When you donate to a Canadian non-profit organization, with or without charitable status, did you know that your donor dollars may be used in the latest attack by the Harper government against its critics?
According to fundraising and direct mail campaign expert Harvey McKinnon, Finance Minister Jim Flaherty is using the Canada Revenue Agency (CRA) as his own personal attack dog. "By publicly identifying and throwing suspicion on seven non-profits that are active on environmental issues, the federal government is trying to silence all other organizations that work on these issues … silence any non-profit that advocates for social change."
McKinnon is referring to recently ordered audits conducted by the CRA on environmental non-profits, audits that cost a great deal of money and divert environmental advocates from their work. Among the groups targeted are The David Suzuki Foundation and Environmental Defence, both harsh critics of the Harper government. "The CRA audits distract an organization from its mission," writes McKinnon in his blog, "and costs them an incredible amount of money and time dealing with the audits. This of course also wastes donor dollars."
According to a CRA report, the audits were conducted to see if "any of them are operating just for profit." It appears that the tar sands friendly Harper government is looking to intimidate into silence high-profile groups who are critical of the government’s energy policies, pipelines and other related environmental issues.
CRA audits aren’t the only tool of intimidation employed by the Harper government. Registered charities are forbidden to advocate on behalf of any social issue, and criticism of the government could result in loss of charitable tax status, which would financially cripple most charities. This can force charitable organizations to become virtual cheerleaders for the federal government.
Last month, Imagine Canada, a charitable organization that provides fundraising resources to other non-profits and charities, issued a media release praising the Harper government’s most recent budget proposal as it relates to charities. More recently, however, Harper’s war on Canada Post poses a serious threat to non-profits who rely heavily on the postal service in their fundraising efforts.
Imagine Canada President and CEO Marcel Lauzière, as far back as December 2013, wrote a letter to Canada Post President and CEO Deepak Chopra, expressing concern over the impact of a postal rate increase on the non-profit sector. Spokesperson Bill Schaper said they wanted to go on record with Canada Post as being concerned about what a postage increase would mean to non-profits’ fundraising activities. "We wanted to communicate directly with Canada Post, express our concerns about the impact on non-profits and we asked for a chance to sit down with them to discuss that. We also put in a written submission to the Minister responsible as well."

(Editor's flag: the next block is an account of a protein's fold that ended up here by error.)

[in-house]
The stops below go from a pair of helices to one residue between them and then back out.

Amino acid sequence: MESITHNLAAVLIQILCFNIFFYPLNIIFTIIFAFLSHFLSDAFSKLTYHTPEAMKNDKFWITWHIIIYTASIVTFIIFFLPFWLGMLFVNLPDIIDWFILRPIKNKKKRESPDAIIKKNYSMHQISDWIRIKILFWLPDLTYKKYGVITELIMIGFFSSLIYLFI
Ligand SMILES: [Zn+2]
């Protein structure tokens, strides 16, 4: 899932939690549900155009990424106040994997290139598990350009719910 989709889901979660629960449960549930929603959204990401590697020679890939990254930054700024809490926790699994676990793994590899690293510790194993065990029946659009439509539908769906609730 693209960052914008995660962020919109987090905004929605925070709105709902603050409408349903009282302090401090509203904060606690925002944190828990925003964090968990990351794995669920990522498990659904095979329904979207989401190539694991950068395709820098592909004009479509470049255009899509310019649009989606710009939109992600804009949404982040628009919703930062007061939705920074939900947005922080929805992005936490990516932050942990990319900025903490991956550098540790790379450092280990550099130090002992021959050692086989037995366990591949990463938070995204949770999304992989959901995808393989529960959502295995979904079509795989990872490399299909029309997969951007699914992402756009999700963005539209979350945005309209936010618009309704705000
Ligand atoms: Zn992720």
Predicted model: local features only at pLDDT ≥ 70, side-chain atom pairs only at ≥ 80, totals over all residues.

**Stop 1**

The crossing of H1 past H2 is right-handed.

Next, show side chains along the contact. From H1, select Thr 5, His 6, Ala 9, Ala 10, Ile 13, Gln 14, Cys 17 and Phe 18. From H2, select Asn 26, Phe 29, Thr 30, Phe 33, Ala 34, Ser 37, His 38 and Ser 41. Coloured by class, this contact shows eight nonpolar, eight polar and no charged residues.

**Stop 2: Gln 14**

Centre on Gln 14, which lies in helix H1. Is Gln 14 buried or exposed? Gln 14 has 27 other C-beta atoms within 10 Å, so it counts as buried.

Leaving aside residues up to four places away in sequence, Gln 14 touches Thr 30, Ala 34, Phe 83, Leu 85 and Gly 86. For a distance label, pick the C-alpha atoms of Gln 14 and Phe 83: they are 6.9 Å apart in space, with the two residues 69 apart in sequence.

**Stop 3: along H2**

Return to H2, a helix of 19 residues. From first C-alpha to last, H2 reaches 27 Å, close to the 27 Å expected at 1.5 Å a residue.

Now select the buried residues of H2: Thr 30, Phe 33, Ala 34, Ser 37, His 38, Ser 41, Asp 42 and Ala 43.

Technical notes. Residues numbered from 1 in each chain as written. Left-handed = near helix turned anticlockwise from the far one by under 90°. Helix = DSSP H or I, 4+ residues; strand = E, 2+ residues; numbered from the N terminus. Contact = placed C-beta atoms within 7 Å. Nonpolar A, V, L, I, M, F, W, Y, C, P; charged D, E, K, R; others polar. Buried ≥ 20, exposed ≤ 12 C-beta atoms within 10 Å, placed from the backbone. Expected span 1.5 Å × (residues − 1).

Imagine Canada has some suggestions as to how Canada Post could "accommodate the needs of non-profits" without damaging their long-term financial and commercial viability. "There are some examples in countries where preferential rates are given to non-profits and charities, and we see this as a starting point." Imagine Canada has already had an initial discussion with Canada Post and hope to follow it up with further conversations. They have not in any way addressed the issue of service cuts or the Canadian Union of Postal Workers postal banking proposal.
According to a CUPW media release, the Canada Post Corporation (CPC) conducted a secret four-year study of postal banking, which seems to indicate that getting into financial services would be a "win-win strategy" and a "proven money-maker" for the corporation. The study was abruptly halted in the fall of 2013, shortly before CPC announced a five-point plan of massive cuts and steep rate hikes. The internal report, "Banking: A Proven Diversification Strategy," was received as a result of an Access to Information request: 701 of its 811 pages were redacted.
According to Gayle Bossenberry, 1st National Vice President of the CUPW, the secret report confirmed what postal employees have been saying all along. "There is a great potential here to keep the postal service self-sufficient. But instead they killed the research and buried the report." Countries like Italy, France and New Zealand have adopted postal banking. Their services remain affordable without cuts, and their public postal systems remain profitable.
With the Harper government pulling out all the stops, using all its formidable resources to muzzle dissent, with Finance Minister Flaherty suggesting that groups like the David Suzuki Foundation are being investigated because of potential links to terrorists and organized crime (yes, he actually said that in public on February 7), the future of non-profits and advocacy groups is clouded with uncertainty. Just how far the Harper government will go to silence its critics is unknown. It is abundantly clear, however, that they will go to great lengths, use any and all means at their disposal, to bully and intimidate all opposition.
Meg Borthwick is a freelance writer and moderator for rabble’s discussion forum, babble.
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